This special issue argues that our cultural moment marks a point of crisis and transition in the history of the novel. Discussing mostly twenty-first-century writers, including Michael Chabon, Vikram Chandra, Don DeLillo, Jonathan Safran Foer, Jonathan Franzen, David Lodge, Ian McEwan, Michael Ondaatje, and Orhan Pamuk, the contributors interrogate and revise our ideas of contemporaneity and how it can be studied. Their essays consider how novelists adapt to a global economy in which traditionally local forms of community no longer define human experience. They also examine the emergence of neurology and neuropsychology as popular discourses that have displaced the novel from its centrality as the supreme analyst of the mind. Contributors attempt to address the exasperation of literary critics disenchanted with many dominant reading practices, such as approaching fiction via reader experiences of "affect" and "trauma" or relying on staid period categories like postmodernism.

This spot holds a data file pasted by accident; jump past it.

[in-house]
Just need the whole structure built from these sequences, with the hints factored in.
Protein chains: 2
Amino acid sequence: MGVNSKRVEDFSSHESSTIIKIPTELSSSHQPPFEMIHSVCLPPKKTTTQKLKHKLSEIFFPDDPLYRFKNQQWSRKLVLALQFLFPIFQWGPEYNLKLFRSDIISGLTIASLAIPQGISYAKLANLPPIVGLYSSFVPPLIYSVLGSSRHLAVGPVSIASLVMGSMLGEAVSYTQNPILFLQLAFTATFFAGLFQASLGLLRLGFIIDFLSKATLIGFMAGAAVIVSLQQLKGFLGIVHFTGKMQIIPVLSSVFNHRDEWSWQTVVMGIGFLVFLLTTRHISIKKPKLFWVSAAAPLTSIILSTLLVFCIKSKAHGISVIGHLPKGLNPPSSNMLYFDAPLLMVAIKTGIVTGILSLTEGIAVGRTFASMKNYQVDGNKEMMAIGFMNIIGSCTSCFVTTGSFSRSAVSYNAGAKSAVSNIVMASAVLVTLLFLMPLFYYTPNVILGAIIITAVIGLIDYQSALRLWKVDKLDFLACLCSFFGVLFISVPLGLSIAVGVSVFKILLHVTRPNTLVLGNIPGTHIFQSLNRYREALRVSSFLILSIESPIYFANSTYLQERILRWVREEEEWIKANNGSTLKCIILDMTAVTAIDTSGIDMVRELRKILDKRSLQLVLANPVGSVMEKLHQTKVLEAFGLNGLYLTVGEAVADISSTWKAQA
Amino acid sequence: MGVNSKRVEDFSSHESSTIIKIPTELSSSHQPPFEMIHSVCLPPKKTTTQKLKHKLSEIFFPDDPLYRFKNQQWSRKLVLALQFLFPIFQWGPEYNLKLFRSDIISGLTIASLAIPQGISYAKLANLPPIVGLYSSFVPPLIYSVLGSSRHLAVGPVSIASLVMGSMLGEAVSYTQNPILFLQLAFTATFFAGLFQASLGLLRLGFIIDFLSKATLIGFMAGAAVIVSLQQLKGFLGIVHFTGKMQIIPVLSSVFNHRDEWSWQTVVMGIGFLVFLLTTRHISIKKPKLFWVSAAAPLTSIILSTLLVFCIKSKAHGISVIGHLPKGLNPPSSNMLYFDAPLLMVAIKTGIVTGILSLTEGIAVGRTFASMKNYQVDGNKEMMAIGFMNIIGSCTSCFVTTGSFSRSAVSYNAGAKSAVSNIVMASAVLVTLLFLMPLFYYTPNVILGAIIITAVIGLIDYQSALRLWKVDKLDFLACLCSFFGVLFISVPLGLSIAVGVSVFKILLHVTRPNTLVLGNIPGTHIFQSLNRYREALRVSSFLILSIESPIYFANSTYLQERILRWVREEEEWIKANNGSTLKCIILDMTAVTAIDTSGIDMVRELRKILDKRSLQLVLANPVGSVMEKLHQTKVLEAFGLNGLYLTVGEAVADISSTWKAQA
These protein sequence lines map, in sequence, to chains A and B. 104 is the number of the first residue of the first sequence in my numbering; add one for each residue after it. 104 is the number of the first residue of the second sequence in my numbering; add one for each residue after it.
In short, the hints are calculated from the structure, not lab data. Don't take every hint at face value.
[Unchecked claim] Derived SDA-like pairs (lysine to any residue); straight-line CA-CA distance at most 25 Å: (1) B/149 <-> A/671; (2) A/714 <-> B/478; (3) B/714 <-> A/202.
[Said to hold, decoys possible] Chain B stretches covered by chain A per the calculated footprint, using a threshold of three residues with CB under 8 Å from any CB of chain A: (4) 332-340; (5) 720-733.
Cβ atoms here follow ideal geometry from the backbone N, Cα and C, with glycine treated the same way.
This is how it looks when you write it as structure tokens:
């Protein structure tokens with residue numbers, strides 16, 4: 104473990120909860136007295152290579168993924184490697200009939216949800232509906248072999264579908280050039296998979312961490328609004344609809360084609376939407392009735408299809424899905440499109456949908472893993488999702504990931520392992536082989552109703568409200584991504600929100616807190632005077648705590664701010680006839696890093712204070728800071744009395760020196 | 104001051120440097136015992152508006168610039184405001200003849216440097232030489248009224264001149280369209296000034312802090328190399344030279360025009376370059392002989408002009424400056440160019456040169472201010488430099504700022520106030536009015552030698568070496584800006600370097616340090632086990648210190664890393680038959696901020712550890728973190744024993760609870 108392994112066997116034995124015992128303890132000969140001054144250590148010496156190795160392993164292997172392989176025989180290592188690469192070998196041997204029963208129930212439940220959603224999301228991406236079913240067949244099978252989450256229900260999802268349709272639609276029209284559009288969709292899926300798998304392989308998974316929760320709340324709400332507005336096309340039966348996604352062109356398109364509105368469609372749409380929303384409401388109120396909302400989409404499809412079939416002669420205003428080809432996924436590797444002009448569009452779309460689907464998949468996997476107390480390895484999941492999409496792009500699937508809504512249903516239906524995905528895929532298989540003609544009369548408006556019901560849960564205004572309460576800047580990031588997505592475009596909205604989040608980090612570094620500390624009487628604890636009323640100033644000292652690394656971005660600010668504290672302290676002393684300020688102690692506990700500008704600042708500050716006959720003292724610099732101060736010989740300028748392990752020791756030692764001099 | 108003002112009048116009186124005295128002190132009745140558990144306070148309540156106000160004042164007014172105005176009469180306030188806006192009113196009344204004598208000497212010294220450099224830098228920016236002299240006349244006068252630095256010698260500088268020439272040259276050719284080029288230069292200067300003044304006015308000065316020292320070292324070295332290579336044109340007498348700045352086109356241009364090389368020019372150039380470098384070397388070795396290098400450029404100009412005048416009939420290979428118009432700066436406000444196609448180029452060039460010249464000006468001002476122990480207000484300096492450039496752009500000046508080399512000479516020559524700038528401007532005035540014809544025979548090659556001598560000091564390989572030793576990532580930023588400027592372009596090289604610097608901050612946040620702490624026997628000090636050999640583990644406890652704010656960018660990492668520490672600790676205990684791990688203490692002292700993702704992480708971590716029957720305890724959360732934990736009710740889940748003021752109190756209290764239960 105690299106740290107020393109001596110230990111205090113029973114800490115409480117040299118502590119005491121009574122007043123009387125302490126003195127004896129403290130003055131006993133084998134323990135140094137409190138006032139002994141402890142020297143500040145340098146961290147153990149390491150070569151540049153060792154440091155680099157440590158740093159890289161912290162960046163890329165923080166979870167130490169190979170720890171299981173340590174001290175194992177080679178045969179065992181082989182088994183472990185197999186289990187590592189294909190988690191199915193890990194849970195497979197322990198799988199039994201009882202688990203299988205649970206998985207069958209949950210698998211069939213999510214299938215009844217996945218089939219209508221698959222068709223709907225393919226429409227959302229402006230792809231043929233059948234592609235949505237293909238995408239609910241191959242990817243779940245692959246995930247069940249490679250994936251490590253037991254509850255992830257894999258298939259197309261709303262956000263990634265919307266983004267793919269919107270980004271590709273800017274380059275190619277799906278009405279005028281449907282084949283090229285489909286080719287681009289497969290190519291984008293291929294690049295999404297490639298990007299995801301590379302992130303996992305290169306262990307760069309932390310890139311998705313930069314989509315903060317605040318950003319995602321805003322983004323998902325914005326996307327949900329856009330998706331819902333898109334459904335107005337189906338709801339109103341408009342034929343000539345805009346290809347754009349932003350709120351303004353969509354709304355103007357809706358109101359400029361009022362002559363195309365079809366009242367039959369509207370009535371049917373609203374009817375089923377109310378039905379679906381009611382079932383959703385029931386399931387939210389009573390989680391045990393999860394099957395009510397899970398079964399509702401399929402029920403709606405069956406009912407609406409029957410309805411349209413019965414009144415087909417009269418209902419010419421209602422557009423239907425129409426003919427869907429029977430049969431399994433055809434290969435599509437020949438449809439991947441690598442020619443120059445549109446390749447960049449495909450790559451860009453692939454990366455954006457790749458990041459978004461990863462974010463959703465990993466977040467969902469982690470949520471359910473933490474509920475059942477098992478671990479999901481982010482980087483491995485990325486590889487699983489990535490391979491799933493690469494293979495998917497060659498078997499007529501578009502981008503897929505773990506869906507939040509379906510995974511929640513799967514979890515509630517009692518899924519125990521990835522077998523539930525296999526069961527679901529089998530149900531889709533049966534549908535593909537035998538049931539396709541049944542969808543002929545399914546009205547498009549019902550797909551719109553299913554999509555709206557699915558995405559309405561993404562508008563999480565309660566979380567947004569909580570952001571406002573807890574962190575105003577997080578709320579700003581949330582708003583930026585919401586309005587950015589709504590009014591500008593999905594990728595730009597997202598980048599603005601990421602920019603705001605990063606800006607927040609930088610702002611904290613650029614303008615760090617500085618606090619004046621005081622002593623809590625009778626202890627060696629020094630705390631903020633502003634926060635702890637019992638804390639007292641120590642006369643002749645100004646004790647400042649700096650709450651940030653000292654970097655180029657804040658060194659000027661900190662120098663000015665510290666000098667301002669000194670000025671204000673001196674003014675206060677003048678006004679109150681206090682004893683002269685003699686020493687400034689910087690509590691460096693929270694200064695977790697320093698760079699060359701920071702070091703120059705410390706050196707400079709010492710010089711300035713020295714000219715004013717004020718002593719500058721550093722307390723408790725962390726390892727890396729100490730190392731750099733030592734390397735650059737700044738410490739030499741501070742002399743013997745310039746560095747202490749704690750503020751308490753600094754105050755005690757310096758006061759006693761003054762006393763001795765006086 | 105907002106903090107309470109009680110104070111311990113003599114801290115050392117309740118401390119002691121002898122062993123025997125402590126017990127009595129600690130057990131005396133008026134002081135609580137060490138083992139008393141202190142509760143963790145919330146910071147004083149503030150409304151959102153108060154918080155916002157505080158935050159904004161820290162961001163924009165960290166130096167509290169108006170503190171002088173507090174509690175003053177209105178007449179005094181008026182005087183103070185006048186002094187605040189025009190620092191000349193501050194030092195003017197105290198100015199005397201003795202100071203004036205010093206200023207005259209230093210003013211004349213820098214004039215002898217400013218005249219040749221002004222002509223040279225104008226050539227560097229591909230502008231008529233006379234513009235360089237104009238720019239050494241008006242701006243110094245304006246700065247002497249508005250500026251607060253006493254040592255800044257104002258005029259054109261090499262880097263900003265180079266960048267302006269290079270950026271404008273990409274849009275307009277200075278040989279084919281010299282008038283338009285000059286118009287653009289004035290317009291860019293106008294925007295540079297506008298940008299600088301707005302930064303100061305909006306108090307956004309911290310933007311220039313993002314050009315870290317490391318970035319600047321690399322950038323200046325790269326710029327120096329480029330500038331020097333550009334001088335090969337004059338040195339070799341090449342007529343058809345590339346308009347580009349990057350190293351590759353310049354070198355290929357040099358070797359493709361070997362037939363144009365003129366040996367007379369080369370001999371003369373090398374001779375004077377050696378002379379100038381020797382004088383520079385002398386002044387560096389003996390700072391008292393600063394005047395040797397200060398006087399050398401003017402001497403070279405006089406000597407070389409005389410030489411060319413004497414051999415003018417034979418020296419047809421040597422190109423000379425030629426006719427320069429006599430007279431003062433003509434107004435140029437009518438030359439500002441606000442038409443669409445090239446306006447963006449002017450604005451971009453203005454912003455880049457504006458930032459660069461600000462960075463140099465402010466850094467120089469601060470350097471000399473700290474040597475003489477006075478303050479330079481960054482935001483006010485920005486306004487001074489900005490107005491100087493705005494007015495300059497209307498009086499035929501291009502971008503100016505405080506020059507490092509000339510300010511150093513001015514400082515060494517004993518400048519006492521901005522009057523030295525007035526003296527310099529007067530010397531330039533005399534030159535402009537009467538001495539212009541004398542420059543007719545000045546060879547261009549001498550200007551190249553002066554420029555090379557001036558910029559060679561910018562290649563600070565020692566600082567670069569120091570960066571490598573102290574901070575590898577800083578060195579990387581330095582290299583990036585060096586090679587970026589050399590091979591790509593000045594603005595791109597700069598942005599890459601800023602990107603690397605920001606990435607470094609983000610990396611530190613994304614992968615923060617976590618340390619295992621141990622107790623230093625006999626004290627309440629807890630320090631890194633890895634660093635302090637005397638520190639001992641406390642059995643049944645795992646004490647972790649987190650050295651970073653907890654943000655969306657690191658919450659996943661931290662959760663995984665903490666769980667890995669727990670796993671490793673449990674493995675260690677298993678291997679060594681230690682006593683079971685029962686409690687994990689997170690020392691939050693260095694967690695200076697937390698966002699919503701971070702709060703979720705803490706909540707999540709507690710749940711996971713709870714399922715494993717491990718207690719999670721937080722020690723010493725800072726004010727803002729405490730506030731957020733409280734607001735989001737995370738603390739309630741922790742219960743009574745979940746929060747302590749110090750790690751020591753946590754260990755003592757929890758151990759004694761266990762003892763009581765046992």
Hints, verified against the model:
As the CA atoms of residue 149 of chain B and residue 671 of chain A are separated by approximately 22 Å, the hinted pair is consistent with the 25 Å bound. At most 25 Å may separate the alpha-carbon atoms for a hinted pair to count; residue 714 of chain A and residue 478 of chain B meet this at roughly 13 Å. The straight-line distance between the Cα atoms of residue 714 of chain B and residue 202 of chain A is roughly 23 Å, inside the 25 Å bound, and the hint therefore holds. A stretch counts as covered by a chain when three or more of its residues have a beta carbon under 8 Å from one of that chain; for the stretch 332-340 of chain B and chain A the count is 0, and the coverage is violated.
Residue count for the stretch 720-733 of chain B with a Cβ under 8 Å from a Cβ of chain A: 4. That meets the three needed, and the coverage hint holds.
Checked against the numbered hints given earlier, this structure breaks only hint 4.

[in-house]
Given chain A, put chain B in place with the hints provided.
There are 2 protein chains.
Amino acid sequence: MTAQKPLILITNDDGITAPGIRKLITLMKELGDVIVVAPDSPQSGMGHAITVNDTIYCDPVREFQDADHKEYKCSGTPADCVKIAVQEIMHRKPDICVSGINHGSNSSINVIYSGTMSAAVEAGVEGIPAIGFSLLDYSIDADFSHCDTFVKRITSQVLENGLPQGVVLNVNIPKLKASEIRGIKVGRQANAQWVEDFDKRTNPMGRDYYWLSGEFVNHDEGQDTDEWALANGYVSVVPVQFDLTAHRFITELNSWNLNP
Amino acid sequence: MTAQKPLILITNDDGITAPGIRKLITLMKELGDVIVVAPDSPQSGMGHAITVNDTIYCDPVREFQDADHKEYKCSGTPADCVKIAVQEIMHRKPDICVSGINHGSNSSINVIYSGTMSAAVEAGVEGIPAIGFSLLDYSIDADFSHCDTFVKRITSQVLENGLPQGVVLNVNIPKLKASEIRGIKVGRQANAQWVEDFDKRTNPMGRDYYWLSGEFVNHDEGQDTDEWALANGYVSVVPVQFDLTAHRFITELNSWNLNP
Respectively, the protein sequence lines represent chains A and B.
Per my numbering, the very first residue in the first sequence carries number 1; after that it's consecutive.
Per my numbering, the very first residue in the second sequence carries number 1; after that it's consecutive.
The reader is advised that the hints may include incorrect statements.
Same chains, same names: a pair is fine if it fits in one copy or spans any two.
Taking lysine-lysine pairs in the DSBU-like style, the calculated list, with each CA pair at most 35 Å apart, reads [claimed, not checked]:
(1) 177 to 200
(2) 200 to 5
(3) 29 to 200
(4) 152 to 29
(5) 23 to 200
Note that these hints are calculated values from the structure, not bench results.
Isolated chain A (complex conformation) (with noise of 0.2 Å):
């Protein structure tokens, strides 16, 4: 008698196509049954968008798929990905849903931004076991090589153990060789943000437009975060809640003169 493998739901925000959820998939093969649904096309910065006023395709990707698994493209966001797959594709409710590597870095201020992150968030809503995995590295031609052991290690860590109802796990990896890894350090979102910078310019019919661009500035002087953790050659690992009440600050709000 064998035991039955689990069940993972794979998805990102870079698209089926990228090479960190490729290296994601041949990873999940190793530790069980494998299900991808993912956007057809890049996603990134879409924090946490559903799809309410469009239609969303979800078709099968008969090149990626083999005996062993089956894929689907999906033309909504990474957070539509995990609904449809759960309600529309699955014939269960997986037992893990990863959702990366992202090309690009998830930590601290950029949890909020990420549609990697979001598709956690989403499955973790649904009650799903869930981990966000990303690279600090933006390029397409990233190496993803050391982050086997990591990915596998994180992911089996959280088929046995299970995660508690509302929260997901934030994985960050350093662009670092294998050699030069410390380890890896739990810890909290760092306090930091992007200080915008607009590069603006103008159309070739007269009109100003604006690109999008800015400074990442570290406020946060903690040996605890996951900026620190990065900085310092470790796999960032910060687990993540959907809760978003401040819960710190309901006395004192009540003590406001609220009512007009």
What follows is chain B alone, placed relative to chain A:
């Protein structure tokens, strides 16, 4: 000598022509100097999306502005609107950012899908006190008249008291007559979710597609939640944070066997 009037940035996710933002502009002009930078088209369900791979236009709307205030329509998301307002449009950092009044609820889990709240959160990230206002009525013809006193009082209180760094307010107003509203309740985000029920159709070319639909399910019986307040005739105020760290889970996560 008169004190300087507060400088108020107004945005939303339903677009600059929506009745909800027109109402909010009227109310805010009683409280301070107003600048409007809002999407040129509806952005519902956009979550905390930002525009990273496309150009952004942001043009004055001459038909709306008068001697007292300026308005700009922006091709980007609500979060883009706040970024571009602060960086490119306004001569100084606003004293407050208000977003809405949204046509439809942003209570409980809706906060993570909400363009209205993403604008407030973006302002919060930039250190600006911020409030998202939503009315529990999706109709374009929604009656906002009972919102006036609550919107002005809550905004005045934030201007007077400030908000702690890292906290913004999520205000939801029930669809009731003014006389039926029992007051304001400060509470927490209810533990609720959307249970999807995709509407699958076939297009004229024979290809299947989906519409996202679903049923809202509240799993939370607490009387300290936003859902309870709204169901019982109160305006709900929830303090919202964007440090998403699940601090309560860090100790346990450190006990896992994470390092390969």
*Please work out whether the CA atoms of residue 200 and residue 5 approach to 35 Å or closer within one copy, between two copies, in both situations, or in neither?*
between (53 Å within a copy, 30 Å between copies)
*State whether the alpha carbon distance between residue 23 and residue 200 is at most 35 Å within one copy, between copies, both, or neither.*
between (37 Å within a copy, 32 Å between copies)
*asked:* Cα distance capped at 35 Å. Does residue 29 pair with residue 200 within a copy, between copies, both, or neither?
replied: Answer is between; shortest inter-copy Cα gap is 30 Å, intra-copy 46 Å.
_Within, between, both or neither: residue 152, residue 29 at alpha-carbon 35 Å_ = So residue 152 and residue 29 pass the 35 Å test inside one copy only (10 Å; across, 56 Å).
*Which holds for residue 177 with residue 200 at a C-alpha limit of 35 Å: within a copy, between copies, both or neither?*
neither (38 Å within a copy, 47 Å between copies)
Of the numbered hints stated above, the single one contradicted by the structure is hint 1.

Offering a way forward, this special issue emphasizes a new critical awareness of the singular qualities of the novel, a form whose truths may not be (and may never have been) translatable to other cognitive, scientific, or political vocabularies.